Forcing ourselves to practice bible reading daily, prayer, fasting, etc. are actually the most authentic things you can do.

Why?

Because we are honest about the state of our soul and determined to participate with God in our overall Christian transformation process.

You don’t become a Christian and then just become like Jesus.

Taking up the life and heart of Jesus as our own takes a life-time and it takes a lot of effort.

Salvation comes by grace through faith alone. There is NOTHING you can do for Jesus to save you. He already has done the work and now you need to place your faith in him. That takes no work which could be grounds for boasting in yourself. It was all Jesus. He lived the life we were to live. He took the punishment we deserved because of our sin. He rose from the dead, thus demonstrating his victory which we now share in by faith.

Sanctification on the other hand takes a lot of work and effort.

Now that the Spirit resides in you and empowers you, now that you have received the good news of Jesus and his coming kingdom which is now available to you, YOU HAVE TO cooperate with the Spirit to grow in your Christ-likeness. It does not happen by accident or just because. You need to put disciplines in your life to make sure that you are growing.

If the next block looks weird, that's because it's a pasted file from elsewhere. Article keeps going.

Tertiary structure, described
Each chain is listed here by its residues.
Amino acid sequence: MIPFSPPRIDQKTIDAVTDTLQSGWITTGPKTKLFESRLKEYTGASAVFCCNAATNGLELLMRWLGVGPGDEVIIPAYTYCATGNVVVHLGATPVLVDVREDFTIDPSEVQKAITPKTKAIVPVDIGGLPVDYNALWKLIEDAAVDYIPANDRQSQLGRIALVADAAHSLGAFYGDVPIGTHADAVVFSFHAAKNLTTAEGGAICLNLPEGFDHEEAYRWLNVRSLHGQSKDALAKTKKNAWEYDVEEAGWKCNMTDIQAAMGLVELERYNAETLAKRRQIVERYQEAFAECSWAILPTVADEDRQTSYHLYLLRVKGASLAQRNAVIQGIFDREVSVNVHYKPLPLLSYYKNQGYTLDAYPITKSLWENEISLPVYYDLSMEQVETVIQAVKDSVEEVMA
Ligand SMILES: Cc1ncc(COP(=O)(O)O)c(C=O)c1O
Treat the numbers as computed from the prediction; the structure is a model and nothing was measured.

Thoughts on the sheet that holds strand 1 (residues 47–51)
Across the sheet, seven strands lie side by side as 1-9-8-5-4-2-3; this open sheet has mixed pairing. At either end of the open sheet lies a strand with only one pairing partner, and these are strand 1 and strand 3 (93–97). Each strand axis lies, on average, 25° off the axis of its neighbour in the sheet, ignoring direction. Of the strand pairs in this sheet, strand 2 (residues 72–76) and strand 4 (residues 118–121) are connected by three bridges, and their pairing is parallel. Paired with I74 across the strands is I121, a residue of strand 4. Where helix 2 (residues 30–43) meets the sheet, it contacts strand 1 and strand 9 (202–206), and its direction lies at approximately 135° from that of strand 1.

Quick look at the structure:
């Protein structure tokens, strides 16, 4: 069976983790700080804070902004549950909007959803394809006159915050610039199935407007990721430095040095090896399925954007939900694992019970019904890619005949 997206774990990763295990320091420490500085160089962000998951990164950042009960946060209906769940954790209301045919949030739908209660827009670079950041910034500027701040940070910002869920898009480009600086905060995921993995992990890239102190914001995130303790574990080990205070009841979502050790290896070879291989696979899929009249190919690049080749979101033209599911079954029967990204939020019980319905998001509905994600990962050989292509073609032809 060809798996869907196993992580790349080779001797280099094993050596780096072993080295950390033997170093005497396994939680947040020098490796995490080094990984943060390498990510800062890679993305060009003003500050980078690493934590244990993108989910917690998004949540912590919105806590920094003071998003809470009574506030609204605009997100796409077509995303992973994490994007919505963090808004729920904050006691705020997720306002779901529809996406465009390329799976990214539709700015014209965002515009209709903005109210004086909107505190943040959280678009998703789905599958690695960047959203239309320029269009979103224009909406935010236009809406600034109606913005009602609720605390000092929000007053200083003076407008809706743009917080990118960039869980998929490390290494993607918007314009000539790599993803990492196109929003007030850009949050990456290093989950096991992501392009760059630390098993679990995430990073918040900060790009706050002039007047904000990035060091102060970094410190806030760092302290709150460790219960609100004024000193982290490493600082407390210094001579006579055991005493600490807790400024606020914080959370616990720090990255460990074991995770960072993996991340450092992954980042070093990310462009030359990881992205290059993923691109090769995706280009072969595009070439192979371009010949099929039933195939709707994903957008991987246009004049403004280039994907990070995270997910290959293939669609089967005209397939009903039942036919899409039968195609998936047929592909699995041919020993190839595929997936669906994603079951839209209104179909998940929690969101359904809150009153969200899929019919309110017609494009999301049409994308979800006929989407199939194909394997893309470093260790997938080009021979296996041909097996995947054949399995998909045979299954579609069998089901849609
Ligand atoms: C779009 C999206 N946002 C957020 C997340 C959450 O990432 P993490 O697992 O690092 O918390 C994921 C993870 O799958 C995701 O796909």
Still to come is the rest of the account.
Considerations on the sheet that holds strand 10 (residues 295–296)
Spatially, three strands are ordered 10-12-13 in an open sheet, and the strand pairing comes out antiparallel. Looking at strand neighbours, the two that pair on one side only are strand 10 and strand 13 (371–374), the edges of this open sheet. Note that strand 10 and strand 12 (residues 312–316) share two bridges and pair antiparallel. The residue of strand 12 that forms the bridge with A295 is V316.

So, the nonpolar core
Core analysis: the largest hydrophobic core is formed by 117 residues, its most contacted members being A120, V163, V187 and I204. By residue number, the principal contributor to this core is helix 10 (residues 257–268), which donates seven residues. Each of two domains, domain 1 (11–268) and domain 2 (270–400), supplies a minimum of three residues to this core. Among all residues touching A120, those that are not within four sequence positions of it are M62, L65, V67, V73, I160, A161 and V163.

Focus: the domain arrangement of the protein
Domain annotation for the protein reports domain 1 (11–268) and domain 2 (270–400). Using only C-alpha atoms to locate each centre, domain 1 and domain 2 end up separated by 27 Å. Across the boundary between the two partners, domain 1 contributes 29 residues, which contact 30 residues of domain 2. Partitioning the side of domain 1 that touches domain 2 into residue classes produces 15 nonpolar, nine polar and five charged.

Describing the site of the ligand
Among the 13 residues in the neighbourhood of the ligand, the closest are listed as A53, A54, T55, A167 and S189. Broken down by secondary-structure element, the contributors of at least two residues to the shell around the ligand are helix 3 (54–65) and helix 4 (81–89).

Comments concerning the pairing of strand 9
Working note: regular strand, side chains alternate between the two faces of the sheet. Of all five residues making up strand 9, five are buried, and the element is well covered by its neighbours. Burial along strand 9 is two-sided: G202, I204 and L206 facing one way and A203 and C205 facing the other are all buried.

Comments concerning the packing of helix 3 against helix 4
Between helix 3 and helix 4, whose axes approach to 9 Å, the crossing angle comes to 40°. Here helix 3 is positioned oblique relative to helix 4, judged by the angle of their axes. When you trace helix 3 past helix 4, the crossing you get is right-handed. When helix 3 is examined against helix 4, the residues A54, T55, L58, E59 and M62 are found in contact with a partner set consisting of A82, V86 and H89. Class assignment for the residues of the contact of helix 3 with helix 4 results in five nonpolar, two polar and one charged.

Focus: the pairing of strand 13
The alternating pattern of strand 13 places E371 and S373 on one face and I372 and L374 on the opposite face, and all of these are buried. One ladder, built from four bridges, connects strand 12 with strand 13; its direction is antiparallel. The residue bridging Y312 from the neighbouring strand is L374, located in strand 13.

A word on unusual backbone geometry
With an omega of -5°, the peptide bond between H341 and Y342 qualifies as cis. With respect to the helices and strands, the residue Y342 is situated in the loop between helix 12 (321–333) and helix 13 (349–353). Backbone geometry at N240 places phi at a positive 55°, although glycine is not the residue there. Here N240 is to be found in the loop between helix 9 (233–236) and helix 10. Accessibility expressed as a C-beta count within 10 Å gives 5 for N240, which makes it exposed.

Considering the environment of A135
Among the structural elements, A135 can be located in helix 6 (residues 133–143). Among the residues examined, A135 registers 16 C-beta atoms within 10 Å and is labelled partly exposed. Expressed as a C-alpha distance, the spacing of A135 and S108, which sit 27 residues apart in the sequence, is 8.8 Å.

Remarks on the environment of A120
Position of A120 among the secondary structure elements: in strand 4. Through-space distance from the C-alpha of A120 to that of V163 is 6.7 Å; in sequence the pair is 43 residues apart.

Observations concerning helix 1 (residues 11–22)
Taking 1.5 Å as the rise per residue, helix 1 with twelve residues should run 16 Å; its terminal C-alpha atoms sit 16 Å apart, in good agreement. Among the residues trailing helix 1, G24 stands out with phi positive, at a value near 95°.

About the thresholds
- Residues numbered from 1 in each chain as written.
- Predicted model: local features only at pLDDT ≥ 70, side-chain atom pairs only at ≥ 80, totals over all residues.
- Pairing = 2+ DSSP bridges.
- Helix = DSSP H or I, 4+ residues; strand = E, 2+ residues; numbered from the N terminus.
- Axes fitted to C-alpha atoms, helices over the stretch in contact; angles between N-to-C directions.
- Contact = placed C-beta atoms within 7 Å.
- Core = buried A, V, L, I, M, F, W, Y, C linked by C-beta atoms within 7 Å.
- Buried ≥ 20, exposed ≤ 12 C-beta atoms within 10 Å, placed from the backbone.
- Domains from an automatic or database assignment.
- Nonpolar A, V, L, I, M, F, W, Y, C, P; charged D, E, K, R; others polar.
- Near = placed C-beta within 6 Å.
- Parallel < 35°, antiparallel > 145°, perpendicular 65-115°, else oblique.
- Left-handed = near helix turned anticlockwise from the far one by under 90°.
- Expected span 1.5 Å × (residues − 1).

All that to be said, Paul sees giving up our rights for the sake of the gospel, as a discipline for us to take upon ourselves.

For some of us that is going to look like giving up our rights to a home so that we can live in an apartment and do ministry there.

For some of us that is going to look like refusing the right to a quiet home and taking in foster kids.

For some of us that is going to look like refusing any right to sleep in so that we can wake up and go to the gym so that we can make relationships to evangelize there.

For some of us that is going to look like receiving the call to be missionaries in another country.

I hope all of us would receive the call to be missionaries here in your home and town and work place and be willing to forsake our rights for the purpose of spreading the gospel of Jesus.

Tomorrow’s reading: Numbers 16-17; Psalm 51:1-7; 1 Corinthians 10:1-22